News Release

Iran’s Revolutionary Guard: A Terrorist Organization?

“The Bush administration is preparing to declare that Iran’s Revolutionary Guard Corps is a foreign terrorist organization,” the New York Times reports. It would be “the first time that the United States has added the armed forces of any sovereign government to its list of terrorist organizations.”

REESE ERLICH
Erlich, the author of the forthcoming book The Iran Agenda: The Real Story of U.S. Policy and the Middle East Crisis, has been to Iraq and Iran multiple times. He is available for a limited number of interviews. He said today: “Once again the Bush administration is exaggerating the Iranian threat in order to inflame domestic and international opinion. The Revolutionary Guards are a repressive force used against the Iranian people, but they pose no significant threat to Americans. The Iranians are giving political, economic and military support to certain Iraqi factions; but so is the United States. The Bush administration exaggerates the Iranian role in order to justify future military attacks on Iran.”

Erlich added: “The ‘explosive penetrators’ supposedly supplied by Iran, for example, are being made in Iraqi machine shops. The U.S. is isolated internationally and can’t get U.N. support for more sanctions, so it is stepping up unilateral action.” [Erlich is in the Pacific time zone and should be called after 11 a.m. ET.]

OMID MEMERIAN
Memerian is an Iranian journalist and winner of the Human Rights Defender Award from Human Rights Watch. He said today: “Declaring Iran’s Revolutionary Guard Corps a foreign terrorist organization is unlikely to create financial pressure on the Islamic Republic to halt its nuclear program. This organization has been traditionally accused of involvement in terrorist activities and has hence prepared itself for any charges. They have kept themselves independent of financial ties to any Western entity in light of potential sanctions. Therefore, financially they are quite protected. Additionally, this organization has created a covert and complex network for its financial investments, making it virtually impossible to trace.”

Memerian added: “However, politically they are far more susceptible since many of the Iranian officials from members of parliament to ministers have been members of this organization in the past. The major result on this group is that they will have great difficulty in traveling, investing, educating their children, or engaging in economic transactions in Western countries. … By labeling a faction within a government as a ‘terrorist organization,’ the U.S. is technically placing the government in the same category, and therefore preparing their public and the stage for a serious confrontation with Iran.”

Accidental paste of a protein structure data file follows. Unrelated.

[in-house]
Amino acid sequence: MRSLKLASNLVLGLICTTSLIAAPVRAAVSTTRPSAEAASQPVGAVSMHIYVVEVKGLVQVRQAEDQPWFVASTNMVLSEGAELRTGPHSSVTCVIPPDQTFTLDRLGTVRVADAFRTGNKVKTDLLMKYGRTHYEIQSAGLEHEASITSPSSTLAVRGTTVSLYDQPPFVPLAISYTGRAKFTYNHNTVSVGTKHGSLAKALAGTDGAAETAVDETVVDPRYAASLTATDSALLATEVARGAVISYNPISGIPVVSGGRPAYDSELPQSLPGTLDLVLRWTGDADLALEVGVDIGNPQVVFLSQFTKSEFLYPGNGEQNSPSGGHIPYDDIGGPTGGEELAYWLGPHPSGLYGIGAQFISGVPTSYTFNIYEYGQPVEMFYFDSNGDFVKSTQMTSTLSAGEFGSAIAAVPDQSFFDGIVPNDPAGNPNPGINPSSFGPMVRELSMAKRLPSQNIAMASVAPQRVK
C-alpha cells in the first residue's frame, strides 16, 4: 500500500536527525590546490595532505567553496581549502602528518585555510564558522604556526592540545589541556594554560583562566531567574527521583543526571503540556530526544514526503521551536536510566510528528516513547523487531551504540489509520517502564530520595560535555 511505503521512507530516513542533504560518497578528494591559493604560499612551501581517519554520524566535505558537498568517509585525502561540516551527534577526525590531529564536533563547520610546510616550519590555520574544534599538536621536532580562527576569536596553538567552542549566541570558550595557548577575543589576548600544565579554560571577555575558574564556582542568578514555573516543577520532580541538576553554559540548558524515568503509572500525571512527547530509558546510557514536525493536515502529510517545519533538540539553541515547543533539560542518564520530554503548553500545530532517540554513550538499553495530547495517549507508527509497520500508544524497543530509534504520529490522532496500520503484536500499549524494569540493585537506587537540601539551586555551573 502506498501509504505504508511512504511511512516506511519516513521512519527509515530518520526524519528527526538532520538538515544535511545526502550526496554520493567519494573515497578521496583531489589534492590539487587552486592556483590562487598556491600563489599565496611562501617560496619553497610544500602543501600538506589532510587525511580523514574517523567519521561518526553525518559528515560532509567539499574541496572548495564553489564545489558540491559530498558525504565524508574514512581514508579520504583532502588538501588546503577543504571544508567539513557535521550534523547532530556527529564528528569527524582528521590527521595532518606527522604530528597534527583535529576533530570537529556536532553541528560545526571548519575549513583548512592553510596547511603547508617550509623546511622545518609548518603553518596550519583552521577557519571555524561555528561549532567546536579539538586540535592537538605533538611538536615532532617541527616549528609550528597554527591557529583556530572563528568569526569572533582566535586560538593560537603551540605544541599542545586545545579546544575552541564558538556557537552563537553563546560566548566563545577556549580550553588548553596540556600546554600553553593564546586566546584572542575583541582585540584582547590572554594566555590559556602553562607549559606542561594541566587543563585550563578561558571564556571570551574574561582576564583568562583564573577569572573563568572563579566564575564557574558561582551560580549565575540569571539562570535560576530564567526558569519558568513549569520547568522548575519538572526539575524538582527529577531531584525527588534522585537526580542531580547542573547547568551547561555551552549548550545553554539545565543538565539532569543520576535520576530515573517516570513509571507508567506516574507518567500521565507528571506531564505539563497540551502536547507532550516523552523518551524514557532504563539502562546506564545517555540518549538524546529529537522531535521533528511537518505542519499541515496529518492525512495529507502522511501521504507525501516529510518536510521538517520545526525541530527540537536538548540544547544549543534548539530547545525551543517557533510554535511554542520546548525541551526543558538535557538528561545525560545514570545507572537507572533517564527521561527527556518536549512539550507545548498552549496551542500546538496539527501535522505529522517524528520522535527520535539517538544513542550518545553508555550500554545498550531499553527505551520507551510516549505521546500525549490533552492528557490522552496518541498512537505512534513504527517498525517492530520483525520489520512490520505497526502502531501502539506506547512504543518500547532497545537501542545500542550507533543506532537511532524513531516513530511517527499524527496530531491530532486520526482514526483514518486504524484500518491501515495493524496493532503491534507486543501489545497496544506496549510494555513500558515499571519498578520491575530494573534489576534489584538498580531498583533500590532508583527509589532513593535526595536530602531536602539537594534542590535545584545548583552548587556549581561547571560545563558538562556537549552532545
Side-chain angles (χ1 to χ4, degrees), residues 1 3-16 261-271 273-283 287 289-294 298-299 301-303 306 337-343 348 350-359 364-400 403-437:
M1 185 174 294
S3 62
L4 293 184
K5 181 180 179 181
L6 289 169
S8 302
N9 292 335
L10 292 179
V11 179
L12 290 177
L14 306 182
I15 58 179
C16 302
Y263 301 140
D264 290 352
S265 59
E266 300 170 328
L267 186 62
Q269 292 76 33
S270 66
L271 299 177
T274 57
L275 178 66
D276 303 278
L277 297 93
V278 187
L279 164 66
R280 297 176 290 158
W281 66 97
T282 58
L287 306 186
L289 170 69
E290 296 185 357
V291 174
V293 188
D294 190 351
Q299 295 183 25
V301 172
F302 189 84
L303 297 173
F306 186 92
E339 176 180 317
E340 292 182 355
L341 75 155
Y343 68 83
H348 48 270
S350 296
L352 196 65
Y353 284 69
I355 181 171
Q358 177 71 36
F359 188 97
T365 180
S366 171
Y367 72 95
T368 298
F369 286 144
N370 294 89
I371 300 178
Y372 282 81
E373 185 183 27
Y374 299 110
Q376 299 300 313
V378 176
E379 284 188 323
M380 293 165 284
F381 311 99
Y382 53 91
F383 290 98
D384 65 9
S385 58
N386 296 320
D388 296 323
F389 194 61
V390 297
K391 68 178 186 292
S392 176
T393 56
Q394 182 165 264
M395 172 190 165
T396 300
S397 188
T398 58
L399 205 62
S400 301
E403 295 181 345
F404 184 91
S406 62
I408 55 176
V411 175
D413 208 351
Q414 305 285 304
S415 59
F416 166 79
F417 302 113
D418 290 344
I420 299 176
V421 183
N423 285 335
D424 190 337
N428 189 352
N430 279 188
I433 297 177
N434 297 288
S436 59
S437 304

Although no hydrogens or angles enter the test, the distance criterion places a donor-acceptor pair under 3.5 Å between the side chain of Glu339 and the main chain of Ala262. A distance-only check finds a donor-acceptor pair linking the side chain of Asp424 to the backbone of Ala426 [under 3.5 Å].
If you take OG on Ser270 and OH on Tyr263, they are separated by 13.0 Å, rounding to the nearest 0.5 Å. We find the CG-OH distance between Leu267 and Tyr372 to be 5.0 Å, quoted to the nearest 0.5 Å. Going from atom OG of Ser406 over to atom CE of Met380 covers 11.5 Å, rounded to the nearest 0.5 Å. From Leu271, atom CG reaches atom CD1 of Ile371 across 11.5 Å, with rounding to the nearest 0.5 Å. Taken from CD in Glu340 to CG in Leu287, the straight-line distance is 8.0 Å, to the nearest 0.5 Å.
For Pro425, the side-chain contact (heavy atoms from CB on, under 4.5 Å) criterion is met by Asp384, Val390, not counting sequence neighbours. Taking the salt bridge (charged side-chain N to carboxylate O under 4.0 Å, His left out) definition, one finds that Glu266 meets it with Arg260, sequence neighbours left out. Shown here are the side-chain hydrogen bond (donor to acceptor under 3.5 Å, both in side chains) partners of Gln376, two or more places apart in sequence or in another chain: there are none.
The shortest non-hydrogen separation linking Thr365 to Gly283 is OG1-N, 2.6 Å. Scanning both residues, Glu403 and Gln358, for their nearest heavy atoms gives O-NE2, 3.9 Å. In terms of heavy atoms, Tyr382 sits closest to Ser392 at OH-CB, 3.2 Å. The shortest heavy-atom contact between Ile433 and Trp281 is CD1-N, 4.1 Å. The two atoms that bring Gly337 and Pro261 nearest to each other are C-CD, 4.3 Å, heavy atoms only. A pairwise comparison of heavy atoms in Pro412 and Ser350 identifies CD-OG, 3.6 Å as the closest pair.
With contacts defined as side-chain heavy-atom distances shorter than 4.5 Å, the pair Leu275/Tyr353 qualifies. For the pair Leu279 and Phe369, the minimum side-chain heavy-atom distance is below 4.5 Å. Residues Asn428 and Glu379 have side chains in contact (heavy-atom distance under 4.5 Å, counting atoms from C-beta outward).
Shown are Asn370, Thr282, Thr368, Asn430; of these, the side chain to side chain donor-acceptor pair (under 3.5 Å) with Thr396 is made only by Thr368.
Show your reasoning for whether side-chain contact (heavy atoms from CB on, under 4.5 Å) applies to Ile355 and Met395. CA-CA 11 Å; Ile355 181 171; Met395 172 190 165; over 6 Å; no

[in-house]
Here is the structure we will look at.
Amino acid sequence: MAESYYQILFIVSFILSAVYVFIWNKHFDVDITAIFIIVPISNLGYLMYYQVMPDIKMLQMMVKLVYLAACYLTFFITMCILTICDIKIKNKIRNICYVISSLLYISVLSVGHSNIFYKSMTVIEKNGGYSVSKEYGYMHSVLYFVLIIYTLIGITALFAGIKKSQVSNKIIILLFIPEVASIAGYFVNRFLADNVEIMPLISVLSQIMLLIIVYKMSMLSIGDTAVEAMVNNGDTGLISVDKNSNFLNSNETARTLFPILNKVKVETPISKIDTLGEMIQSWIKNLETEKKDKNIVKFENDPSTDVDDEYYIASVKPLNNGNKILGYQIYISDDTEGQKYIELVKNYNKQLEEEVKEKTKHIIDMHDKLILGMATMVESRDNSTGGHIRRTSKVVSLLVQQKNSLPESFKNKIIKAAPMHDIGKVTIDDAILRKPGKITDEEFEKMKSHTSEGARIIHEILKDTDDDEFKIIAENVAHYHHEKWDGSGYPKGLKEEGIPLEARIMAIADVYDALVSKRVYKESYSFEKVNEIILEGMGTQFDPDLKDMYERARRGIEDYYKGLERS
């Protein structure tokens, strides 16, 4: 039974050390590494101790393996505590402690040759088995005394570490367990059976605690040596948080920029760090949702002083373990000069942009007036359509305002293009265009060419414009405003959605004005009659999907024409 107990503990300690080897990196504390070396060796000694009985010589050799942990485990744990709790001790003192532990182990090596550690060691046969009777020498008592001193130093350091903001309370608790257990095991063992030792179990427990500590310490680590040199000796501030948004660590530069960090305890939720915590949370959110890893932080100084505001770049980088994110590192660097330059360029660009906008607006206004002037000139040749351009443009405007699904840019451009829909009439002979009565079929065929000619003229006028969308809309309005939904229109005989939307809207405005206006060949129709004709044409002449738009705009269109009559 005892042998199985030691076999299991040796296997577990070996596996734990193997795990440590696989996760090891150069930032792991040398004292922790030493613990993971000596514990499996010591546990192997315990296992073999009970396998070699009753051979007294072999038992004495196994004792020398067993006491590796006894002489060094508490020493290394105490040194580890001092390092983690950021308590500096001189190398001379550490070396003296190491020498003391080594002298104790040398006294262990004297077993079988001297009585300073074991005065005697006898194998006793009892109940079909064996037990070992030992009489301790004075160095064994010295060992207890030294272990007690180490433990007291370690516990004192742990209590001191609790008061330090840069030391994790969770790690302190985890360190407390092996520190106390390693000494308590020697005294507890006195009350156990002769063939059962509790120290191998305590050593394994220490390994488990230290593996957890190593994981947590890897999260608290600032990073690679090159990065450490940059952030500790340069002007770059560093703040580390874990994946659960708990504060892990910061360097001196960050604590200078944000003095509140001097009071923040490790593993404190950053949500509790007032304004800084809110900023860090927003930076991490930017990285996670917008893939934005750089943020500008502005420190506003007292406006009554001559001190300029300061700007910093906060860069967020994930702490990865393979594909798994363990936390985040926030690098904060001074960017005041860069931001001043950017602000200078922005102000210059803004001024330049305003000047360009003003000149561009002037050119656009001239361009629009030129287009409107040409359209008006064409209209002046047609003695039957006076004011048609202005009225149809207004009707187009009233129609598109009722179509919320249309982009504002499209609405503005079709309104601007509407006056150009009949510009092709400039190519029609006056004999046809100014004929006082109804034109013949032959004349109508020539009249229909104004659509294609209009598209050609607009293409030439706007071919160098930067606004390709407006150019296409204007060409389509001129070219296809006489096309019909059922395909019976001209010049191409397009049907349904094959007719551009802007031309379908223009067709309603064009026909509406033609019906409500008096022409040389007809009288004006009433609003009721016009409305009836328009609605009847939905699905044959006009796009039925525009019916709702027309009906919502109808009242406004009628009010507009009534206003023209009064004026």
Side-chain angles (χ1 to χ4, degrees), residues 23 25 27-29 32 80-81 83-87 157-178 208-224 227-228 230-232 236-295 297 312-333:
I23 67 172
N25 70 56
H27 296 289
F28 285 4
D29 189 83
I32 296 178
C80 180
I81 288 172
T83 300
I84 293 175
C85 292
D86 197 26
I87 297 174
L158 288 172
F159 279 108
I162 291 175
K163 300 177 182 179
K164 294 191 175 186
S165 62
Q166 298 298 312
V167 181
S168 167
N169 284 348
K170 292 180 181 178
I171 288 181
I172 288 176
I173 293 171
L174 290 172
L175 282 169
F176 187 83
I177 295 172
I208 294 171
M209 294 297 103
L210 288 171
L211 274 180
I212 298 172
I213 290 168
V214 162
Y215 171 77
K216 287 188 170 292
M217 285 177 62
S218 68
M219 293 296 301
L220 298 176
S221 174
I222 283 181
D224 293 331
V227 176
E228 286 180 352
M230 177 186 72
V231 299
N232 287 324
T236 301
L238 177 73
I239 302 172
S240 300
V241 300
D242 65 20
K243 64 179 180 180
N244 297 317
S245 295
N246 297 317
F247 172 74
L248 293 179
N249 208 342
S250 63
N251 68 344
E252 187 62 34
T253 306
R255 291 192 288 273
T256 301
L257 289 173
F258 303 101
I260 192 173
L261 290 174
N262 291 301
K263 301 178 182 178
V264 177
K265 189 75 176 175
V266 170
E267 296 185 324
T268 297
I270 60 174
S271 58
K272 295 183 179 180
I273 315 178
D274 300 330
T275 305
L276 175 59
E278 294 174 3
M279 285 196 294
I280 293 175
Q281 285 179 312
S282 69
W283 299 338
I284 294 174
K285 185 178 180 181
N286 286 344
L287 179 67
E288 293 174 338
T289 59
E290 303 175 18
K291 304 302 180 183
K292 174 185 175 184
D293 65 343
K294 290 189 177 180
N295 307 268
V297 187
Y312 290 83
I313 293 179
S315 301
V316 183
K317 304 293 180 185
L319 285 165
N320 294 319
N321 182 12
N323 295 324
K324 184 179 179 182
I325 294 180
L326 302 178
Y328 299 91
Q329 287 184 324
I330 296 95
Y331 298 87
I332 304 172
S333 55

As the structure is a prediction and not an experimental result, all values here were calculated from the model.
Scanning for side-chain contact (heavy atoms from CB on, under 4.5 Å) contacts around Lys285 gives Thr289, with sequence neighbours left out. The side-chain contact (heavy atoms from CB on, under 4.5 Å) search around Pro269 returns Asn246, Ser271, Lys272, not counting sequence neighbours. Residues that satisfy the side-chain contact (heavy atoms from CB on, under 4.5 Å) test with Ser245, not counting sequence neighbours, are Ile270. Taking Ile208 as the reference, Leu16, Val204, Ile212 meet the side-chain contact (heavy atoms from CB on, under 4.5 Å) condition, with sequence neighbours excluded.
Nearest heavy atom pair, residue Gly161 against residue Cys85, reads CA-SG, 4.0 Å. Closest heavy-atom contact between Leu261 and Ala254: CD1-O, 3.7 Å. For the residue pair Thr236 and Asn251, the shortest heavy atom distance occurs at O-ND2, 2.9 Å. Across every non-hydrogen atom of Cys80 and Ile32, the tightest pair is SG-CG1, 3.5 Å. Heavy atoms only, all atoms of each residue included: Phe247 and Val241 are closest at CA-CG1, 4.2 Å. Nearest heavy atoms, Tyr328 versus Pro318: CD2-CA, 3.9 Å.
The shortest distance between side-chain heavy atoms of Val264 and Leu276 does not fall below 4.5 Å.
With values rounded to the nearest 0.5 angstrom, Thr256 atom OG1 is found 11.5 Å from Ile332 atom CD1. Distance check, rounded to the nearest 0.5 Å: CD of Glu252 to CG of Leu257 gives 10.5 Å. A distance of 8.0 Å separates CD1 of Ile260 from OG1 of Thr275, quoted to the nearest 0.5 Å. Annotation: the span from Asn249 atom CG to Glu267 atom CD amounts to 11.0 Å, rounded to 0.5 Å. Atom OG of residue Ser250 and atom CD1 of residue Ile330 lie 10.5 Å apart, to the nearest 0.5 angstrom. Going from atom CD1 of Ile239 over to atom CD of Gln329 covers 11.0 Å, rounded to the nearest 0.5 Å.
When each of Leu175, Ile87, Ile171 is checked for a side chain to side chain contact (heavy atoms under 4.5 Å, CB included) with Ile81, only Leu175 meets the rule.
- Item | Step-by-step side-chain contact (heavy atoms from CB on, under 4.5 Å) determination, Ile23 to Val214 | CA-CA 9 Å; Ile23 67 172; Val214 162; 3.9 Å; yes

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CARAH ONG
Ong is Iran Policy Analyst at the Center for Arms Control and Nonproliferation. She said today: “The move to list the Revolutionary Guard Corps as a terrorist organization is just a new chapter in the Bush administration’s fatally flawed policy in dealing with Iran. … The move is also counterproductive and could isolate the precise friends and allies to whom the U.S. has farmed out its negotiating power to help resolve the ongoing dispute over Iran’s nuclear program. Rather than ramping up rhetoric against Iran, the administration should drop its refusal to negotiate with Iran over its nuclear program without preconditions and continue to work with European Union countries, Russia and China to diplomatically solve the ongoing differences with Iran.”
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